I’ve read a few articles recently on “How To Read a Wine label”. Informative, yes, but there is more to a wine label than a clever name, pretty picture and some tasting notes. A wine label is a winemaker’s promise to you, the consumer. Do any of us really care about the alcohol warning statement and are there still people out there that really need to be told that wine contains sulfites?
Well, yes according to the Alcohol and Tobacco Tax & Trade Bureau, we do need to be told. The TTB, (as we reverently refer to them) does, of course hunt down and prosecute bad people playing with dirty money, but the department actually has a much higher calling.
It is the department’s mission to, “Collect the taxes on alcohol, tobacco, firearms and ammunition; protect the consumer by ensuring the integrity of alcohol products; and prevent unfair and unlawful market activity for alcohol and tobacco products.”
For most of us, we pick up a wine, check out its super cool, edgy graphics and its clever name. Sometimes we read the flowery descriptors, maybe note its alcohol content. But we are “LOCALISTS”! We are taking that extra step to sustain an important local industry, so we look for an ARIZONA wine! There it is. We think to ourselves, “It says Arizona somewhere on the label. Yes. This is an Arizona wine.”
Folks, Arizona wine comes from ARIZONA grapes. How are you assured of that wine’s origin?
Enter the TTB. Wine producers are required to maintain a very costly bond, copiously document production and movement of wine, pay a lot of tax and one more thing. Wine producers are required to obtain a Certificate of Label Approval, (COLA). No COLA, No sale. The TTB will allow exemptions, but they still want to know what that label says before it gets stuck on a bottle. Again, that label is a winemaker’s promise and yes he or she will be fined heavily for breaking it.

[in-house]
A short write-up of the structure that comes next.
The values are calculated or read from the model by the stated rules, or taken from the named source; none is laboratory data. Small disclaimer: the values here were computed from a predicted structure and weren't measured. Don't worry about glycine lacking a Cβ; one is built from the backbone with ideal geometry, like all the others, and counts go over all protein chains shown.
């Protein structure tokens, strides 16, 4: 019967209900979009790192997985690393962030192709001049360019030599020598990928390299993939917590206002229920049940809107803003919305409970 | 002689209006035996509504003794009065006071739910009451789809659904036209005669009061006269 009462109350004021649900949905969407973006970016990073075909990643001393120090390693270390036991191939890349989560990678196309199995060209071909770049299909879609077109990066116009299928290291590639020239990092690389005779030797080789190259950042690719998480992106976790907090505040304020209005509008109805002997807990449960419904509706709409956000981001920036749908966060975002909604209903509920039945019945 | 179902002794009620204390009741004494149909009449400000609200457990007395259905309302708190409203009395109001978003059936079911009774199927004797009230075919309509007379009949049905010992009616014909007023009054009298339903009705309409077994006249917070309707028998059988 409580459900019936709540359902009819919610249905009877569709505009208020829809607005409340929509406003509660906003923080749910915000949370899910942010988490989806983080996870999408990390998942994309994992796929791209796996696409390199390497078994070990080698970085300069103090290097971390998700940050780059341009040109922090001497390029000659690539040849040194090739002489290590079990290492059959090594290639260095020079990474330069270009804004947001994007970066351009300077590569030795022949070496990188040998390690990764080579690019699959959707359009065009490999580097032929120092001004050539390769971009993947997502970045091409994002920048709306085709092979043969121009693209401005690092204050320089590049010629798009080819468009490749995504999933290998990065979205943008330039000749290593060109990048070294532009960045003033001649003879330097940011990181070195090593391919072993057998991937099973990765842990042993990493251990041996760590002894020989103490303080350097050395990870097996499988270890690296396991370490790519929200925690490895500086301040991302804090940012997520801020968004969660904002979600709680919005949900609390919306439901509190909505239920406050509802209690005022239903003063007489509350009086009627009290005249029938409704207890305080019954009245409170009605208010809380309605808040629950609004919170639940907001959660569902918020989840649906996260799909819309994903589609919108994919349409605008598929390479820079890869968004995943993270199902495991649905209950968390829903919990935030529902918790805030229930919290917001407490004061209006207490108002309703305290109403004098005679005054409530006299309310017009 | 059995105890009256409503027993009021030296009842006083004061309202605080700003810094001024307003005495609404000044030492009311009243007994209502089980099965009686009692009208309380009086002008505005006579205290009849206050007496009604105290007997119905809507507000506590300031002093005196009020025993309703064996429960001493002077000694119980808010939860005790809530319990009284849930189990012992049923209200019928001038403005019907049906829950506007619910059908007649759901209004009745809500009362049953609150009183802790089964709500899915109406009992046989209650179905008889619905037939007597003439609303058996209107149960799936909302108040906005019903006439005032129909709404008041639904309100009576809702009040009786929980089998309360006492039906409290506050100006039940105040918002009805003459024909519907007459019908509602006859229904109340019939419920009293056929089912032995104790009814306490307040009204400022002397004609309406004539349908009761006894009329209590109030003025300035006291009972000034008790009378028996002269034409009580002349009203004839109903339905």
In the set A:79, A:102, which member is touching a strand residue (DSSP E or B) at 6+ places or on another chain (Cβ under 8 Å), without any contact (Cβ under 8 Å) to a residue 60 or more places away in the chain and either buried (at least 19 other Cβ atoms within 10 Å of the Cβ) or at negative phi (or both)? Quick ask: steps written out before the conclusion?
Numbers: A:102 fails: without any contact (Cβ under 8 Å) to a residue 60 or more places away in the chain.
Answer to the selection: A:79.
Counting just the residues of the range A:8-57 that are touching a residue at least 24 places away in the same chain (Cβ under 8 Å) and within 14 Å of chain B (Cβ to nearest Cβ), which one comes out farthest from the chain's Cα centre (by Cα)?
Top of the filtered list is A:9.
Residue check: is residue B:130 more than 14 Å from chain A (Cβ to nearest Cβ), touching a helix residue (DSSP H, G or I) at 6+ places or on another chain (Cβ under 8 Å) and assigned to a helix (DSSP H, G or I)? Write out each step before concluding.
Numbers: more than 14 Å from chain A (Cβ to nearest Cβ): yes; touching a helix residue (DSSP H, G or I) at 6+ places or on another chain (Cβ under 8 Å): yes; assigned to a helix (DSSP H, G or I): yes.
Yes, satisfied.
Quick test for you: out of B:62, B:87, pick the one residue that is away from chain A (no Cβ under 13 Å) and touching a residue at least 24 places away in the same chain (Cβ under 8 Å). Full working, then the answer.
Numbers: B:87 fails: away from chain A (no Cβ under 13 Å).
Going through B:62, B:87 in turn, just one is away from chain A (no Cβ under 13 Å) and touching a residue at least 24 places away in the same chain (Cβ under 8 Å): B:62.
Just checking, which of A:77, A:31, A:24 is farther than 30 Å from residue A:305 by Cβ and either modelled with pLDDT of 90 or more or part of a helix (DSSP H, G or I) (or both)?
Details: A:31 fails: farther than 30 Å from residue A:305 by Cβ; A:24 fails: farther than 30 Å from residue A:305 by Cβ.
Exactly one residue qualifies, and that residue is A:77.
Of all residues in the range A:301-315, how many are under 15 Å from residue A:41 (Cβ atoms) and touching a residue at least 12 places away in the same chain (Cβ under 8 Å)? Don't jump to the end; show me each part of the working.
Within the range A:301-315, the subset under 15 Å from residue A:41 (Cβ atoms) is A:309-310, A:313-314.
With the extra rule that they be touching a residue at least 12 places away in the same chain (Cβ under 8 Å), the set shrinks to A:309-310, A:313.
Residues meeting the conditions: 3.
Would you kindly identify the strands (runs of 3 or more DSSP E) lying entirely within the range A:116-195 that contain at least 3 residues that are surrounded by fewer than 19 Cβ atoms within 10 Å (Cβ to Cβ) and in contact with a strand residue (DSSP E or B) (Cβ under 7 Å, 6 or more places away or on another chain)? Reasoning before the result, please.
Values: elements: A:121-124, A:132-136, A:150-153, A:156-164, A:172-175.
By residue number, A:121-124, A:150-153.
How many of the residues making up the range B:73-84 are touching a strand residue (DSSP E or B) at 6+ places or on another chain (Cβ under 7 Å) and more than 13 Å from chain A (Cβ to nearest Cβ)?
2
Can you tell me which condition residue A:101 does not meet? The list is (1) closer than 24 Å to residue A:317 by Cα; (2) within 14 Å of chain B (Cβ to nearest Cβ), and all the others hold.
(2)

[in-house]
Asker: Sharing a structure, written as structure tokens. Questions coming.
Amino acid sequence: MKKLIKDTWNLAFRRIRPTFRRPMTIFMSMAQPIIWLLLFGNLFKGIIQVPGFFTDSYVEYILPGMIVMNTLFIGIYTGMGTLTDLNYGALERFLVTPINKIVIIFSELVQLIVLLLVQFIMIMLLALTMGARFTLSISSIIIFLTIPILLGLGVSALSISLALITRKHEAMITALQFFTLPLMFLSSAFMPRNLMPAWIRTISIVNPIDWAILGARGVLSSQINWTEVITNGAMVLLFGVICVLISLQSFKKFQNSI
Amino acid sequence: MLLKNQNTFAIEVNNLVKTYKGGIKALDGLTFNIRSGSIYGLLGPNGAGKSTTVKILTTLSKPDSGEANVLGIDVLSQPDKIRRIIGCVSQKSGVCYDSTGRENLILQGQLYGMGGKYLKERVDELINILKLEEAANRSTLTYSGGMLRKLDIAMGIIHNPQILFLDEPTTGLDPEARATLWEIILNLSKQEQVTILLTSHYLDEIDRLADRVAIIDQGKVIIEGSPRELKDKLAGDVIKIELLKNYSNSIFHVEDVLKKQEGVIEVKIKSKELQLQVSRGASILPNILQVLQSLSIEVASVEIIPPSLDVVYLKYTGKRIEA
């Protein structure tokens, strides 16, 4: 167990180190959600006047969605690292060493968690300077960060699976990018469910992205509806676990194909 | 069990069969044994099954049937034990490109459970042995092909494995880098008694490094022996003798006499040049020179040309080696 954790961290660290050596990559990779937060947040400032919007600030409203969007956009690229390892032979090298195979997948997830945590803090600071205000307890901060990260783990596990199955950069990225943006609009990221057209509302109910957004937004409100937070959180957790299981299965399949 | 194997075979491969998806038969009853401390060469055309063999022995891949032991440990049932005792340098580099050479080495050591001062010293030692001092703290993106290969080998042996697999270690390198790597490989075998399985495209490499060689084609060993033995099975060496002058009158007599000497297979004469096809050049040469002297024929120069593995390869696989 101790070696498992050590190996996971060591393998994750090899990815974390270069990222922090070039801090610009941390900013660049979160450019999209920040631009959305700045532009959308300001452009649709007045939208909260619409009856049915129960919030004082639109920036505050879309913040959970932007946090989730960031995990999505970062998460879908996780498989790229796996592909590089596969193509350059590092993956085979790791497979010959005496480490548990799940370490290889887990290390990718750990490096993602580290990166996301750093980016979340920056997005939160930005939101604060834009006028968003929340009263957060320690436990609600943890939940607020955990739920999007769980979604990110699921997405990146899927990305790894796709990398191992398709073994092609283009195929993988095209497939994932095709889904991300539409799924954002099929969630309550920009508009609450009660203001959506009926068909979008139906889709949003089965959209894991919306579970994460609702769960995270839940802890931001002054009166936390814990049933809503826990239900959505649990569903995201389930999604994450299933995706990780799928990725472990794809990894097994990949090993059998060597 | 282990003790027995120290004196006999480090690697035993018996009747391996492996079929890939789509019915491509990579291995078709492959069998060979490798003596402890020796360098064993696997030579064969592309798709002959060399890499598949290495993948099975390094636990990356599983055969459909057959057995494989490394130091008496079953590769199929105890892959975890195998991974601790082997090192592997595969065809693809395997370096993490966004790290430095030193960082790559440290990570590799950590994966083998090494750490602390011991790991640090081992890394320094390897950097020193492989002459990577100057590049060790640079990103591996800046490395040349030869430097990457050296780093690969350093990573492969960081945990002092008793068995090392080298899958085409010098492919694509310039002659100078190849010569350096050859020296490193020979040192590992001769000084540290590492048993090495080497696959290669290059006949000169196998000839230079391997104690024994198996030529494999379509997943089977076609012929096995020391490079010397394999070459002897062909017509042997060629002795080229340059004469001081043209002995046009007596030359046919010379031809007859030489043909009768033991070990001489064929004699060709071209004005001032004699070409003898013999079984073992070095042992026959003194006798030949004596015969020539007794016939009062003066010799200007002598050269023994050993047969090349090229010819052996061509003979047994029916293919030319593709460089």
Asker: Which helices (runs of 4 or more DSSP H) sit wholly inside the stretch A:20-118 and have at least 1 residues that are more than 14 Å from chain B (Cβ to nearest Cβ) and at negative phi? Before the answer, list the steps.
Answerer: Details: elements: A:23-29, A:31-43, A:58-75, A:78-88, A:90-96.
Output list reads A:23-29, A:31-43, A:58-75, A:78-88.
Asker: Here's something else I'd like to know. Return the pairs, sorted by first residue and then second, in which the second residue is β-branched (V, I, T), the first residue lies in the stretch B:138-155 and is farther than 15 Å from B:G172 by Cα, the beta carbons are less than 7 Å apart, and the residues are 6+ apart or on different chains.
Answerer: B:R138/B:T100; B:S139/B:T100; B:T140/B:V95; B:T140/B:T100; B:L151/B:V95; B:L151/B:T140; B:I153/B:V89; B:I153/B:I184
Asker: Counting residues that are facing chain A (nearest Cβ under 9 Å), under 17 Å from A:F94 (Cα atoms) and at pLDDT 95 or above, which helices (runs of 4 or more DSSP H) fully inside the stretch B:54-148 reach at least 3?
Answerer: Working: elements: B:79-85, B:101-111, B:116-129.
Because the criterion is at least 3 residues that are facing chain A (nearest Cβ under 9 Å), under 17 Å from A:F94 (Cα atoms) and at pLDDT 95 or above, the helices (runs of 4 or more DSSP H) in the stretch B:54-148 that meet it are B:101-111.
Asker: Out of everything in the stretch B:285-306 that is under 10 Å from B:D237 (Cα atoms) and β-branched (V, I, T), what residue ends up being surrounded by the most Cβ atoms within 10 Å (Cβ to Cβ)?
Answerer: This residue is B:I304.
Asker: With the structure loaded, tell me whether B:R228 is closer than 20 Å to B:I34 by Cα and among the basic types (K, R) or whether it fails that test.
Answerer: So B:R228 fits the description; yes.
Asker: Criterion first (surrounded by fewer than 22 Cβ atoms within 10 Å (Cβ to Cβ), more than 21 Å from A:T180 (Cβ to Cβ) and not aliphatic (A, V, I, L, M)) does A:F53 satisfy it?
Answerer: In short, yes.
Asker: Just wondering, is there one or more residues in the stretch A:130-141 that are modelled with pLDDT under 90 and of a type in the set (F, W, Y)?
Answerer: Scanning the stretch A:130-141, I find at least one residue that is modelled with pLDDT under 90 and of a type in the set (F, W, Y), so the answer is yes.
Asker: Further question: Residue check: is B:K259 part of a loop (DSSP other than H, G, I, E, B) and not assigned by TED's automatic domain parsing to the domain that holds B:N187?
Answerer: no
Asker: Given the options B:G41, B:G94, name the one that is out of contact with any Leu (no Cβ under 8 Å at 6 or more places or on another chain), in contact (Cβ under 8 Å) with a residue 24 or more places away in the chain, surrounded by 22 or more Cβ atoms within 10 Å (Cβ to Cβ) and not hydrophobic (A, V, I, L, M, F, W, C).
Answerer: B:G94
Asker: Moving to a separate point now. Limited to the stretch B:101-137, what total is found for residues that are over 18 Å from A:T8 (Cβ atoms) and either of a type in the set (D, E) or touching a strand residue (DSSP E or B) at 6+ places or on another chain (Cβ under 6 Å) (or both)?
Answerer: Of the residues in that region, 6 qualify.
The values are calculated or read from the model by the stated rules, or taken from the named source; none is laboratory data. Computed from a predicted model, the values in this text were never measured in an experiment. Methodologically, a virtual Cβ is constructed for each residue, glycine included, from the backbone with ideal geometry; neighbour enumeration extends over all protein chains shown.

The Federal Government can write great laws, but the real work comes in trying to enforce them. WinesandVines.com reports that there are 7, 762 bonded wineries in the United States and the TTB has limited budgets for agents, just like every other Federal agency. They do a great job helping those wineries that are trying to follow the rules stay the course, but checking up on every winery is a challenge.
State governments can write their own rules. Oregon and California have some of the most rigid labeling laws in the country, all written to protect their wine industries and their respective American Viticultural Areas, (AVA). There are those in Arizona seeking to protect our state’s reputation as well. In July, HB 2317 was passed. It was sponsored by one of Arizona’s agricultural icons, Representative Brenda Barton. The bill mirrors Federal requirements for wine labeling. This is the first step in what will be the opportunity for the state to write rules that it can then assign to an agency, (Department of Liquor License & Control) to enforce.
These rules and how they will be enforced will assure the integrity of Arizona wine, so you the consumer can trust in this precious and sustainable industry. If you have any questions about a wine’s legitimacy, ttb.gov is just a click away.